16. Try to use the mouse to move a shape: either mysteriously fling an object way, way outside the visible scope of the document, or accidentally hit “ESC” while dragging the object (which is not ‘cancel’ like my muscle memory suggests, but rather “please crash the program”)
17. Give up on the mouse and painstakingly, manually move each object into an X/Y/Z coordinate triple using the numeric entry boxes that puts it into a place that doesn’t look completely wrong.
18. (Eventually) export the CAD model as VRML
19. Try to open the VRML file in Meshworks
20. Meshwork says it’s not VRML! Run `file` on the file
22. gunzip the file
23. Open the VRML file in Meshworks
24. drag it around in Meshworks, and marvel at how it’s both easier to manipulate and harder to see details on, compared to FreeCAD
25. Export the model to STL
26. Upload the STL file to Shapeways
27. Wait for an automated email
28. Holy crap it worked.
29. Give Shapeways some money
30. Wait a couple weeks

I think I can probably do better in the future. It seems like it should be possible to make a toolchain that does (image)->Trace->Extrude->Rotate->Translate->Export without human intervention.

If I had that, I’d actually work on writing a program that solved the interesting parts of the sundial (most of which I solved on paper for this prototype)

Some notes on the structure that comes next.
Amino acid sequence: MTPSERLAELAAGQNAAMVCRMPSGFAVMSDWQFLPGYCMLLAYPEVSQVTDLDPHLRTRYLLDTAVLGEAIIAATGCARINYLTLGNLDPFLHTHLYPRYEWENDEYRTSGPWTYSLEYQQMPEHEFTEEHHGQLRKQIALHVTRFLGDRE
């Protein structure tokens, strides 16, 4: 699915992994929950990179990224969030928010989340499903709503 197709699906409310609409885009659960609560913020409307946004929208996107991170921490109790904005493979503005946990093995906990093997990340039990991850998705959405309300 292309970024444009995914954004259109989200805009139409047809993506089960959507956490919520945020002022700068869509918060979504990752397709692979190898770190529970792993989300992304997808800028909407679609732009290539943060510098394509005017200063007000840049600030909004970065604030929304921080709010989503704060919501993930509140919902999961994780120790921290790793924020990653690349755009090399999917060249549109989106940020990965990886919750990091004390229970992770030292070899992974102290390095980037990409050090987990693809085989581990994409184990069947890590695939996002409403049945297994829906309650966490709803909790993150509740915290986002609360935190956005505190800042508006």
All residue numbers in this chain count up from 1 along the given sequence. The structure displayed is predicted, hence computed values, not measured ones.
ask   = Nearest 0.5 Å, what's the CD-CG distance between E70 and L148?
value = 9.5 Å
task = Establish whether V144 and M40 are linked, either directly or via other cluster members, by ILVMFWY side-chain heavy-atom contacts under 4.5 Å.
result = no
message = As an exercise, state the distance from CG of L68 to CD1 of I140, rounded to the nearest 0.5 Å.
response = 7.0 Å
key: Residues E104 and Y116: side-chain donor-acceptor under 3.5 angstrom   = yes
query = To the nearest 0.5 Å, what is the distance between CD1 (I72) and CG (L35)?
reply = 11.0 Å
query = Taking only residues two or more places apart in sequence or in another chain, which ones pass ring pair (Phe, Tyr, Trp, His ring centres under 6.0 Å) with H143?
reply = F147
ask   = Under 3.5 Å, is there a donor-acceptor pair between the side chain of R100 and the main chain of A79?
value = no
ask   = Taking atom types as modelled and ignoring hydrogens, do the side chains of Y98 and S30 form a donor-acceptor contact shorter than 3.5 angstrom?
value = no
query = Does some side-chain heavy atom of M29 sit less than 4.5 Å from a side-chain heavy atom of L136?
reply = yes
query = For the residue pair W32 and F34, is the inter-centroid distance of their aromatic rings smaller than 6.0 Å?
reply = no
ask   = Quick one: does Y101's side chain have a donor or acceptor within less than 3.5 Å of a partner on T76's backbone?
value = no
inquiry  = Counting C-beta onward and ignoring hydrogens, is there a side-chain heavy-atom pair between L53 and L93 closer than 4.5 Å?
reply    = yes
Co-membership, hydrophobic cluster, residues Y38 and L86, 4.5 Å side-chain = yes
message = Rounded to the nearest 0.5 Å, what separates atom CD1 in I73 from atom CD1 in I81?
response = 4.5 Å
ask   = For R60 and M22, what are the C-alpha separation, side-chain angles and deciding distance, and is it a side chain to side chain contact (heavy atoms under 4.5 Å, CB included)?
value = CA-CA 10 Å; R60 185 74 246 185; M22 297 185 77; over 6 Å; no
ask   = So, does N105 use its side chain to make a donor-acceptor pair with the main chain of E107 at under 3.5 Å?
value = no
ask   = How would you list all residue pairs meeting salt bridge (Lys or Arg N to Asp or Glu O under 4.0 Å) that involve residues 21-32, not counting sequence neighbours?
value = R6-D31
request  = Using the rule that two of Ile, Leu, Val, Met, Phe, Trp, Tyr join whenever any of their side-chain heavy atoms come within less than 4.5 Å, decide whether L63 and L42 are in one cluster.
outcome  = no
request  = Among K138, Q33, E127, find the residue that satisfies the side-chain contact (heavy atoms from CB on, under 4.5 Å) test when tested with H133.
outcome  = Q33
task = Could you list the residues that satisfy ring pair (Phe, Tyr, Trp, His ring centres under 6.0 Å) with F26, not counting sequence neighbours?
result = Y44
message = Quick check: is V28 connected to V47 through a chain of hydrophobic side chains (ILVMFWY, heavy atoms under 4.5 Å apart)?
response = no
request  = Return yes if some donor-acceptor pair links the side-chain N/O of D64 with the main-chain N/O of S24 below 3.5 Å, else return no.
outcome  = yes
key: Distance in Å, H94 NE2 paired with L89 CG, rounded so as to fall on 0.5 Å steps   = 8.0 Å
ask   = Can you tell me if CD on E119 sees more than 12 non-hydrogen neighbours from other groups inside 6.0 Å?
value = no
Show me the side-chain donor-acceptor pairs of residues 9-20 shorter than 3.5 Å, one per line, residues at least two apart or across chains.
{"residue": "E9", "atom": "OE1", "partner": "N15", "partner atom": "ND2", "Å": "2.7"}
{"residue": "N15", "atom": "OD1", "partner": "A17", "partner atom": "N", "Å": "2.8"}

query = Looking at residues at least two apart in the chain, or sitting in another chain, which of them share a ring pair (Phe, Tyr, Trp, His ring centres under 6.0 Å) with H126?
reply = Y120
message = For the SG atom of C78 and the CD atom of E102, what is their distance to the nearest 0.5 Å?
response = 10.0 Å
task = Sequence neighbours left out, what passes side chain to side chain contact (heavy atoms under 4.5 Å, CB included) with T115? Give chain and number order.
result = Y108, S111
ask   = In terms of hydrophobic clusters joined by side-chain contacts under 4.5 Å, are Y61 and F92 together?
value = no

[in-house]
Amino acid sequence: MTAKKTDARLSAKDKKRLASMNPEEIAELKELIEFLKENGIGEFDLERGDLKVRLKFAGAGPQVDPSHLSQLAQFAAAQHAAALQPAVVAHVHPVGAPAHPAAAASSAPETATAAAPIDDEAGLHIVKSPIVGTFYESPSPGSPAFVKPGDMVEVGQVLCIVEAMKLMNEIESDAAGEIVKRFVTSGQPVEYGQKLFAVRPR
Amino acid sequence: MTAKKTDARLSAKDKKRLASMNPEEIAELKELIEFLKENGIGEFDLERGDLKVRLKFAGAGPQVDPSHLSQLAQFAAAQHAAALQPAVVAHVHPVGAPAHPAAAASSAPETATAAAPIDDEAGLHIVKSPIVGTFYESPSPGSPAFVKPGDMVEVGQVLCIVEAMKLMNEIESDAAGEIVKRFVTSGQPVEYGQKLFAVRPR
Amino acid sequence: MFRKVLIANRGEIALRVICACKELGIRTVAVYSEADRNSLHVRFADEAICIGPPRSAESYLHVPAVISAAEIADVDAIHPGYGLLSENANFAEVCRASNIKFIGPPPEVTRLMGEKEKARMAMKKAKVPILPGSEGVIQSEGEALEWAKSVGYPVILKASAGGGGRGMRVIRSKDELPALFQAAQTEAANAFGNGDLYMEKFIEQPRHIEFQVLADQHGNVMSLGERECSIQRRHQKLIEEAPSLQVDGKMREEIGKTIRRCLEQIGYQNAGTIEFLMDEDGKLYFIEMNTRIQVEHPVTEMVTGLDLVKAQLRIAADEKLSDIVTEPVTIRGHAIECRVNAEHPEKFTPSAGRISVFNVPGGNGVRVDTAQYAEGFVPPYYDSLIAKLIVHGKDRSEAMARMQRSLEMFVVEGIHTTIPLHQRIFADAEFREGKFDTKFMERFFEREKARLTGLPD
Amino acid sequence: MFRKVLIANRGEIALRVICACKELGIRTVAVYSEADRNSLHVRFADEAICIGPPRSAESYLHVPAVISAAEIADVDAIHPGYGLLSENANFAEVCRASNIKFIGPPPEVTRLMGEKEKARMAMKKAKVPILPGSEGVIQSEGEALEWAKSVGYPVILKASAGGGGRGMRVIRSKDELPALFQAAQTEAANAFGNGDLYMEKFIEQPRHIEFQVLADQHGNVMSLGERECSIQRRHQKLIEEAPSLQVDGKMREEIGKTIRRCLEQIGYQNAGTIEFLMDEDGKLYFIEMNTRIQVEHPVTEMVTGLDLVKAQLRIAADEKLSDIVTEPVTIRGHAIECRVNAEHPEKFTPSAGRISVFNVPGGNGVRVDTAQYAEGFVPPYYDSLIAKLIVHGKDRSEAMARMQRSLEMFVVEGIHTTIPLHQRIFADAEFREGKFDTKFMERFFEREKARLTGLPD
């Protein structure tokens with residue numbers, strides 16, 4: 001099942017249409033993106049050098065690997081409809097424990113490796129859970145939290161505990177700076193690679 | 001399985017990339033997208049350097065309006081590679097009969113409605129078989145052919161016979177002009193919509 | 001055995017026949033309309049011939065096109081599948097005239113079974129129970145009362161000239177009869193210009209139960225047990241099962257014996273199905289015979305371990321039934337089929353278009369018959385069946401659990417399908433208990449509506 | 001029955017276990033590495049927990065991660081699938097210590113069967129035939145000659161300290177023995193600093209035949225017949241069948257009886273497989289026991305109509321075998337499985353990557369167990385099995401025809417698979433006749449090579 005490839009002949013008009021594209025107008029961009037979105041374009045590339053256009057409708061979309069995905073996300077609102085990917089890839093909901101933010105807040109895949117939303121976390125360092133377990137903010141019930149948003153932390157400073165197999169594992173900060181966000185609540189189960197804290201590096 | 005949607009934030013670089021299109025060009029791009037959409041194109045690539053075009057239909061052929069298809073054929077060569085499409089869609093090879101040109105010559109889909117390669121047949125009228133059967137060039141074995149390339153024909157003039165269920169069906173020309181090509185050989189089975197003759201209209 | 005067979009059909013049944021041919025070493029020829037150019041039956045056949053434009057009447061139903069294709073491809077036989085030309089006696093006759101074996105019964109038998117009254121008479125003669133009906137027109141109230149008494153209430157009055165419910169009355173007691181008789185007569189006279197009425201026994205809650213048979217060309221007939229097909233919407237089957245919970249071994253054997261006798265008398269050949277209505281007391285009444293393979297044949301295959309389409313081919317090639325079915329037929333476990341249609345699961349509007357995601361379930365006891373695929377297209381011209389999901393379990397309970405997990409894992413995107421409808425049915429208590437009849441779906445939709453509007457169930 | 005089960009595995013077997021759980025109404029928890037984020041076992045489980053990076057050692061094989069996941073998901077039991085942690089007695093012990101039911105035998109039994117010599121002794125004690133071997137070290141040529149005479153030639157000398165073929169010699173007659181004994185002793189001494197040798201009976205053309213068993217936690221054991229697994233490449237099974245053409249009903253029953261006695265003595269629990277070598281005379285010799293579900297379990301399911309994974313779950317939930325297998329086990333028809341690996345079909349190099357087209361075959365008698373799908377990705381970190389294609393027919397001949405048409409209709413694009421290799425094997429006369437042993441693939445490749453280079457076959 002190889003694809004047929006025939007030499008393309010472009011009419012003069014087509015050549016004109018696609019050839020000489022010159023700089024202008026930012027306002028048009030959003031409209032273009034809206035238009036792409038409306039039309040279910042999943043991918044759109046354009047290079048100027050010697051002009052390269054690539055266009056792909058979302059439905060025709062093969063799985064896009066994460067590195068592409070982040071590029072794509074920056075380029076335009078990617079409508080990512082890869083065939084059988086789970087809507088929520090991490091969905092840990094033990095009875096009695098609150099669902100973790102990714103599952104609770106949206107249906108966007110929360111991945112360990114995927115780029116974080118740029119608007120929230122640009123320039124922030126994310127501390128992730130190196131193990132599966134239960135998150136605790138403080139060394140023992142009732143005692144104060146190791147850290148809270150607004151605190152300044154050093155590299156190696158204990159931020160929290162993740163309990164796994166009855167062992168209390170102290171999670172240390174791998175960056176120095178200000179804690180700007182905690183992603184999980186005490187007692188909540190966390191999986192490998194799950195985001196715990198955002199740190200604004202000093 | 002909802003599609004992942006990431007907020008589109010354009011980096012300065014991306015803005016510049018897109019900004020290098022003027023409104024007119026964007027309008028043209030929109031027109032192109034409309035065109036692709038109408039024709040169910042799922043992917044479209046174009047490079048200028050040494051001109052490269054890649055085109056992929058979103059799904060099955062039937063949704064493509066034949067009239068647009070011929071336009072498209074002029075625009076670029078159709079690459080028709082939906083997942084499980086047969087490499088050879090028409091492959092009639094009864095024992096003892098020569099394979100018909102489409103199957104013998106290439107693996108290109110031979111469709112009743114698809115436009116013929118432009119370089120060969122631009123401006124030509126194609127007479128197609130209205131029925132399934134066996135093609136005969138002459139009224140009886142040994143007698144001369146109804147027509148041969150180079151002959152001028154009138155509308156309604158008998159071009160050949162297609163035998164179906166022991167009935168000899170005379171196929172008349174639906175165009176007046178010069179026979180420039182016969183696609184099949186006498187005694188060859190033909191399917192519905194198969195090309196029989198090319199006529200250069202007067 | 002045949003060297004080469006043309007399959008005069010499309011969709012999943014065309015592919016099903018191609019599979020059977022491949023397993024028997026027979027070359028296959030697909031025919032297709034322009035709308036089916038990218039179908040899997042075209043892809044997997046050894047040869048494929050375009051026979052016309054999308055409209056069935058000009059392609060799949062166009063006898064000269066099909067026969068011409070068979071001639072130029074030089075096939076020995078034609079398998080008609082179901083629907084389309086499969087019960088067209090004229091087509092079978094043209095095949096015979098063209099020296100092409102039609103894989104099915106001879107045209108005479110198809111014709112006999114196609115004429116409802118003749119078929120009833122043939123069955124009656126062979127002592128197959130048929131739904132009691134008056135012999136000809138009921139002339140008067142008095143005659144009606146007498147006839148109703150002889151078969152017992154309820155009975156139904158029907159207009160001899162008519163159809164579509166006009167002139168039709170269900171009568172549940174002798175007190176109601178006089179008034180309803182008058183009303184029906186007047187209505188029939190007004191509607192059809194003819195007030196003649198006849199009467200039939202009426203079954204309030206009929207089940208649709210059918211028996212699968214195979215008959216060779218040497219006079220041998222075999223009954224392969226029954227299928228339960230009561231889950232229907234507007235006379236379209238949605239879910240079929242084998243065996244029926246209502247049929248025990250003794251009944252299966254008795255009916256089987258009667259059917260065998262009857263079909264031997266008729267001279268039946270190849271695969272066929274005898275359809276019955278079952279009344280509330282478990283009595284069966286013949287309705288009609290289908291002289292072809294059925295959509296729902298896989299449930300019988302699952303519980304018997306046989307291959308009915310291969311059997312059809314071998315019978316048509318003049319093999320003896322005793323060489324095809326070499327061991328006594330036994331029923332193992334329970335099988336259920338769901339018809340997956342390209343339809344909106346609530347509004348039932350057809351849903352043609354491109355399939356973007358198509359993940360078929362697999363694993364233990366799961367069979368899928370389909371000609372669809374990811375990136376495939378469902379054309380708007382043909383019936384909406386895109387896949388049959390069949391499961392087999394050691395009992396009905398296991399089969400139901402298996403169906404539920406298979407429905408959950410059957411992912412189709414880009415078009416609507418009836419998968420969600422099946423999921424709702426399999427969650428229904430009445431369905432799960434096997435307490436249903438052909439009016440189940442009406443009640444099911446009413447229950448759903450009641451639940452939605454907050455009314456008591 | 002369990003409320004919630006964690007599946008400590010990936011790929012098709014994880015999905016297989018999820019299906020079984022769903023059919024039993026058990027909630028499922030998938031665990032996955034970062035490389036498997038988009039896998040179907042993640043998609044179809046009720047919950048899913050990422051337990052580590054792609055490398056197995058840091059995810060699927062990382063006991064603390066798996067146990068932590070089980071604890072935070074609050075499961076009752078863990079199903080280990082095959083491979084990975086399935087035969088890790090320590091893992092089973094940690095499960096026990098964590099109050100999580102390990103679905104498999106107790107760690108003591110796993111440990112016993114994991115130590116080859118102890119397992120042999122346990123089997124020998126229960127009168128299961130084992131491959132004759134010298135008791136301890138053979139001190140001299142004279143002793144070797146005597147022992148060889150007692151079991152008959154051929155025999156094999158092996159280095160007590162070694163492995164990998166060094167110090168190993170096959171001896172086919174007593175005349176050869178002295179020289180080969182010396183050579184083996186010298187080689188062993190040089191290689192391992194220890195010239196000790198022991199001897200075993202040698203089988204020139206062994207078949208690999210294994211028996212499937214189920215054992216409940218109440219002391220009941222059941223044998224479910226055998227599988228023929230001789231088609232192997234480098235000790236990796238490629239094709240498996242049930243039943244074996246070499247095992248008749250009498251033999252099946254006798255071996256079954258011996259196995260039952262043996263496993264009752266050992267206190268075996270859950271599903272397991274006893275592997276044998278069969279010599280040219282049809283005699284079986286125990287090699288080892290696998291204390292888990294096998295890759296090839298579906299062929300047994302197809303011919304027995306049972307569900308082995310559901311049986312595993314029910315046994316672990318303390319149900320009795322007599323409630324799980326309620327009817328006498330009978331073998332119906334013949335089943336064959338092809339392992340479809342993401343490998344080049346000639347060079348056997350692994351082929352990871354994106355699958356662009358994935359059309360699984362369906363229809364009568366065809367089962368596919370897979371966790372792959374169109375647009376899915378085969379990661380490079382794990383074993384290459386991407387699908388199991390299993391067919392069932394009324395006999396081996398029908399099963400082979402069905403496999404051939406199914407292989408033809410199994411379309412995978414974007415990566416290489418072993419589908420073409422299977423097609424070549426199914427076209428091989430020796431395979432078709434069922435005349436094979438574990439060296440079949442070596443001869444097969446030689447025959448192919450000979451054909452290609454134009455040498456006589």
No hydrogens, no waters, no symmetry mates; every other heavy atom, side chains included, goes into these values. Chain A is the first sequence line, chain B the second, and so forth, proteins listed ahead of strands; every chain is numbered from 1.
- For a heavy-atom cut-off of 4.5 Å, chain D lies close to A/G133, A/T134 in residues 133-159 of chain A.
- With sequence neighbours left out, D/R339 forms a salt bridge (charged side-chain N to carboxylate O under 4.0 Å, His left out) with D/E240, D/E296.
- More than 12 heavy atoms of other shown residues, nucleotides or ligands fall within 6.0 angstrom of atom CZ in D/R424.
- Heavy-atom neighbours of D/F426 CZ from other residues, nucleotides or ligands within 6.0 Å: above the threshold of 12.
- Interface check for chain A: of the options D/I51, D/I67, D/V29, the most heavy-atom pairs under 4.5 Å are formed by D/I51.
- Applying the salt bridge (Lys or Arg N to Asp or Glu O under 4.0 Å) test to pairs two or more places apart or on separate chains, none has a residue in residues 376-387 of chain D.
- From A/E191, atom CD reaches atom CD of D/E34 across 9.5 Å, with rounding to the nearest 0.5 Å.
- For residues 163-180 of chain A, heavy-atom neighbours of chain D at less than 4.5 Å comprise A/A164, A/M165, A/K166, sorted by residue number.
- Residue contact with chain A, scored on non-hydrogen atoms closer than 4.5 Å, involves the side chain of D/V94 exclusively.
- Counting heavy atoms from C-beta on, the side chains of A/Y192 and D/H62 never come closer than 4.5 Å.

1. Solar noon is always north/up, but what clock time that is locally depends on how far east or west you are from the central meridian of your time zone. The clock dial is rotated by a number of degrees that’s your time zone’s central longitude minus your actual longitude.
2. In order to have evenly spaced shadows for each hour (see Equatorial Sundial), the dial should be inclined to an angle that’s 90 degrees minus your longitude. That means that your lower gnomon (which doubles as the support) should be at a length that can be calculated using trigonometry (uh, the cotangent of your latitude times the radius of the dial, I think)
3. The top dial is your “summer” dial and the lower dial is your “winter” dial. A nice cheat is to have the top dial already offset by 15 degrees so that it is set to Daylight Savings Time
4. The lower dial runs counter-clockwise. In this prototype, I cheated and just mirrored the lower dial. Mirrored Roman Numerals are actually sort of evil, though, since IV becomes VI, etc.

I’ve been trying to learn some old-school algorithms; the sort of things that CS people study but rarely come up at programming gigs.

The thing is, descriptions of algorithms online tend to suck. and open source implementations of textbook algorithms tend to suck.

So, I’m going to try to improve the situation. So, here’s my first attempt. A* algorithm in simple readable ruby: https://github.com/jes5199/astar/blob/master/astar.rb

In real code, we found a very, very slow loop. Changing two characters:

`+=` is about 100 seconds.
`<<` is around 1/3 of a second.

Using `+=` on a string creates a copy and then discards the original, while `<<` allows the ruby interpreter to intelligently resize the buffer.

The only gotcha is that `<<` will mutate your string object, which means that it’s not safe to use on a method’s parameters. `#dup` those strings, if you need to append to them.

organizations which design systems are constrained to produce designs which are copies of the communication structures of these organizations.
Rogues are very keen in their profession, and know already much more than we can teach them respecting their several kinds of roguery.